CUSTOM REGEX VALIDATORS
    If you add a validator which is just a regular expressions, it will
    evaluated as is. This is the most simplest way to customize validation.

    Sample:

     use Data::Validate::Struct qw(add_validators);
     add_validators(address => qr(^\w+\s\s*\d+$));
     my $v = Data::Validate::Struct->new({place => 'address'});
     $v->validate({place => 'Livermore 19'});

    Regexes will be executed exactly as given. No flags or ^ or $ will be
    used by the module. Eg. if you want to match the whole value from
    beginning to the end, add ^ and $, like you can see in our 'address'
    example above.

  CUSTOM VALIDATOR FUNCTIONS
    If the validator is a coderef, it will be executed as a sub.

    Example:

     use Data::Validate::Struct qw(add_validators);
     add_validators(
        list => sub {
          my $list = shift;
          my @list = split /\s*,\s*/, $list;
          return scalar @list > 1;
        },
     );

    In this example we add a new type 'list', which is really simple. 'list'
    is a subroutine which gets called during evaluation for each option
    which you define as type 'list'.

    Such a subroutine must return a true value in order to produce a match.
    It receives the following arguments:

    *   value to be evaluated

    *   unparsed arguments, if defined in the reference

    *   array of parsed arguments, tokenized by , and -

    That way you may define a type which accepts an arbitrary number of
    arguments, which makes the type customizable. Sample:

     # new validator
     $v4 = Data::Validate::Struct->new({ list => nwords(4) });
 
     # define type 'nwords' with support for 1 argument
     $v4->type(
       nwords => sub {
         my($val, $ignore, $count) = @_;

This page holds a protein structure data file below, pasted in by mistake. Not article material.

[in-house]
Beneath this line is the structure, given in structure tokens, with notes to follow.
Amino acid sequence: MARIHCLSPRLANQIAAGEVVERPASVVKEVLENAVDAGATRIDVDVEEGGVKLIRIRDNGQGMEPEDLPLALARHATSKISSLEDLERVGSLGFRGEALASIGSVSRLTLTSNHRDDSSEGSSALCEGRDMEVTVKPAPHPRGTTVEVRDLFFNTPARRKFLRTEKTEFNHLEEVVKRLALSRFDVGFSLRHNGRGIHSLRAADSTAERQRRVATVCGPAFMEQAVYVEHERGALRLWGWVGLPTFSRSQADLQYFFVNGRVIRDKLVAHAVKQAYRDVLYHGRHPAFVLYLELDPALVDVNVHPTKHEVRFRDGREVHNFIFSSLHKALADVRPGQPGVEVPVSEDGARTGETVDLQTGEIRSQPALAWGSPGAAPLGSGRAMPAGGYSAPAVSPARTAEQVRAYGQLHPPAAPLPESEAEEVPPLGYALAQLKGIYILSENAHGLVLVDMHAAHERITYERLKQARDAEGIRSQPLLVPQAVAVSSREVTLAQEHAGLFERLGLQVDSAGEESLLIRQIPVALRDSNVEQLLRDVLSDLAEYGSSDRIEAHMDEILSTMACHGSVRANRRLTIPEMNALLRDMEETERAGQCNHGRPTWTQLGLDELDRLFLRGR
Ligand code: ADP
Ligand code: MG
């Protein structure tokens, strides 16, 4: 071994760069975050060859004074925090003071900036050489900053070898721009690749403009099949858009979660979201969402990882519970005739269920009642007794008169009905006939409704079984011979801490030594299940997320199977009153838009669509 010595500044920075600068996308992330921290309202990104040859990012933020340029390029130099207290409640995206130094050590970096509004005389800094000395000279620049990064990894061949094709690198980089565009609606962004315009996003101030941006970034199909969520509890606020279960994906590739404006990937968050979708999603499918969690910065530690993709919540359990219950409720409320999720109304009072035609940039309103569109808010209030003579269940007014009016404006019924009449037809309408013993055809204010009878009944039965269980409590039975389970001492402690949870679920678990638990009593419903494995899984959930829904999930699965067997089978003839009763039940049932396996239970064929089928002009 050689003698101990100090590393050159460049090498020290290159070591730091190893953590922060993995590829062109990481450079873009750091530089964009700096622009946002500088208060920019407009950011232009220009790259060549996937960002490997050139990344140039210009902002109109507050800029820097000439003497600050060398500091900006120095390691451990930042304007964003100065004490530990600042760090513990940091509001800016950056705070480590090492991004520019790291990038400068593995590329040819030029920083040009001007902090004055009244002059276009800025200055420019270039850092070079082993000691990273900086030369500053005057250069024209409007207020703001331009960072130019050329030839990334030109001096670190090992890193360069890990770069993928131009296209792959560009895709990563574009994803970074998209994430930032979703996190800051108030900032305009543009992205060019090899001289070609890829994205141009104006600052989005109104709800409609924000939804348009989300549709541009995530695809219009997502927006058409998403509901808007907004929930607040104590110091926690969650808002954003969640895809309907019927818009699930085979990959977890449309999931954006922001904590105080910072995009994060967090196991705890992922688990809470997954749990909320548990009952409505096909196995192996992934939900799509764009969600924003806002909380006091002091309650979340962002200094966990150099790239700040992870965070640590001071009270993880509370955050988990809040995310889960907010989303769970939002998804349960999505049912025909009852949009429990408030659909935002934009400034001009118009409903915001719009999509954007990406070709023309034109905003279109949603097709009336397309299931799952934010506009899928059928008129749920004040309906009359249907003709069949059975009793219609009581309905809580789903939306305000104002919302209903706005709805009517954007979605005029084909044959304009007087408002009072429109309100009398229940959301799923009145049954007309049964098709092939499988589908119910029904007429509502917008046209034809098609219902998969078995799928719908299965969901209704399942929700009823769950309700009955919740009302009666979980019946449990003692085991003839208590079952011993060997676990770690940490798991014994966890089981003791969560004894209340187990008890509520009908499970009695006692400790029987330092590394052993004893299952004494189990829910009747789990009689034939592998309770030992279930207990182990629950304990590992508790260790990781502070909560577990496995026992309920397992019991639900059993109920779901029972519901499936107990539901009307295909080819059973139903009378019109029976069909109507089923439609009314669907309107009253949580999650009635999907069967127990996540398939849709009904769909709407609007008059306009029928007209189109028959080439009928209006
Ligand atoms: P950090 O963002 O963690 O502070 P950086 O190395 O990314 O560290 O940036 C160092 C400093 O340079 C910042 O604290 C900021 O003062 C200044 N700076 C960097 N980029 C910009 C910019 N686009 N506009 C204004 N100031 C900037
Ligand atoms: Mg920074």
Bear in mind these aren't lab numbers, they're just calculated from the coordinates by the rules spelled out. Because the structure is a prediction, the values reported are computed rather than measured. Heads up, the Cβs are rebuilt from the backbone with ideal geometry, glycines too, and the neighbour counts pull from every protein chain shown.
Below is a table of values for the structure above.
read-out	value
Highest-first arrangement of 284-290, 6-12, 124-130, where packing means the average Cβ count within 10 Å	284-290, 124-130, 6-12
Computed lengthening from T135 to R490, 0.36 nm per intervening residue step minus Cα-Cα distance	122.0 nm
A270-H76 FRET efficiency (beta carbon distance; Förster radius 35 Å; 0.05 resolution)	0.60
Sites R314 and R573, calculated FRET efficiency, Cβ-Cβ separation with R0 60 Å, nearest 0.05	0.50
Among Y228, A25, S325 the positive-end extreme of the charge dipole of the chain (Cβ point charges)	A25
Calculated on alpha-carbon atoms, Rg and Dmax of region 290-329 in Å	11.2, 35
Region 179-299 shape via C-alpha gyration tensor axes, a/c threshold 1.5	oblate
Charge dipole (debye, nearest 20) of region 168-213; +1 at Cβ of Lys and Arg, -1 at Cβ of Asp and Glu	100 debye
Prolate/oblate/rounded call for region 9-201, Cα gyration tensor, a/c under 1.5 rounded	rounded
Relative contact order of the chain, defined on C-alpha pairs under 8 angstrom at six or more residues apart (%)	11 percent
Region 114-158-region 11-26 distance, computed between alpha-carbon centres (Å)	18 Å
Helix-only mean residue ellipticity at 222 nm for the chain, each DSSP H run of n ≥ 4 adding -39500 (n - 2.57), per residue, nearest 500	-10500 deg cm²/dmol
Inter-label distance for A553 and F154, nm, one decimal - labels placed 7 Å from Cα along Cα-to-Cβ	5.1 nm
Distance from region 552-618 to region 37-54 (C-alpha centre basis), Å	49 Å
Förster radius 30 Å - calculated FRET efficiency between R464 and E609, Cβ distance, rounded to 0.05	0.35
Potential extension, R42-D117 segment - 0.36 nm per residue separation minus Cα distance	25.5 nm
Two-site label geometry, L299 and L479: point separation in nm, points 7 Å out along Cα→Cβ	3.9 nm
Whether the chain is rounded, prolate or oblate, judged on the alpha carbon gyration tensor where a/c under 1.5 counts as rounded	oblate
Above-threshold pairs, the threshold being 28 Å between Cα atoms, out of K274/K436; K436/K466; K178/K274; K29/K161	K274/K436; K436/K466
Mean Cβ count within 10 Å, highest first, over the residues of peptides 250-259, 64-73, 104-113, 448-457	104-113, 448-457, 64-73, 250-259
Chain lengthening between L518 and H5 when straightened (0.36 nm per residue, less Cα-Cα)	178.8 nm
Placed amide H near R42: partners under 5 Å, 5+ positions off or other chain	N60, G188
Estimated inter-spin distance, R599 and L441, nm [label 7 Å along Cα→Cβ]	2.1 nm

return (scalar(split /\s+/, $val) == $count) ? 1 : 0;
       },
     );
 
     # validate
     $v4->validate({ list => 'these are four words' });

  CUSTOM VALIDATORS USING A GRAMMAR
    Sometimes you want to be more flexible, in such cases you may use a
    parser generator to validate input. This is no feature of
    Data::Validate::Struct, you will just write a custom code ref validator,
    which then uses the grammar.

    Here's a complete example using Parse::RecDescent:

     use Parse::RecDescent;
     use Data::Validate::Struct qw(add_validators);
 
     my $grammar = q{
        line: expr(s)
        expr: number operator number
        number: int | float
        int: /\d+/
        float: /\d*\\.\d+/
        operator: '+' | '-' | '*' | '/'
     };
 
     my $parse = Parse::RecDescent->new($grammar);
 
     add_validators(calc => sub { defined $parse->line($_[0]) ? 1 : 0; });
 
     my $val = Data::Validate::Struct->new({line => 'calc'});
 
     if ($val->validate({line => "@ARGV"})) {
       my $r;
       eval "\$r = @ARGV";
       print "$r\n";
     }
     else {
       print "syntax error\n";
     }

    Now you can use it as follows:

     ./mycalc 54 + 100 - .1
     153.9
 
     ./mycalc 8^2
     syntax error

  NEGATED VALIDATOR
    A negative/reverse match is automatically added as well, see "NEGATIVE
    MATCHING".

EXAMPLES
    Take a look to t/run.t for lots of examples.

CONFIGURATION AND ENVIRONMENT
    No environment variables will be used.

SEE ALSO
    I recommend you to read the following documentations, which are supplied
    with perl:

    perlreftut Perl references short introduction.

    perlref Perl references, the rest of the story.

    perldsc Perl data structures intro.

    perllol Perl data structures: arrays of arrays.

    Data::Validate common data validation methods.

    Data::Validate::IP common data validation methods for IP-addresses.

LICENSE AND COPYRIGHT
    Copyright (c) 2007-2015 T. v.Dein

    This library is free software; you can redistribute it and/or modify it
    under the same terms as Perl itself.

BUGS AND LIMITATIONS
    Some implementation details as well as the API may change in the future.
    This will no more happen if entering a stable release (starting with
    1.00).

    To submit use <http://rt.cpan.org>.

INCOMPATIBILITIES
    None known.

DIAGNOSTICS
    To debug Data::Validate::Struct use debug() or the perl debugger, see
    perldebug.

    For example to debug the regex matching during processing try this:

     perl -Mre=debug yourscript.pl

DEPENDENCIES
    Data::Validate::Struct depends on the module Data::Validate,
    Data::Validate:IP, Regexp::Common, File::Spec and File::stat.

AUTHORS
    T. v.Dein <tlinden |AT| cpan.org>

    Per Carlson <pelle |AT| cpan.org>

    Thanks to David Cantrell for his helpful hints.

VERSION
    0.10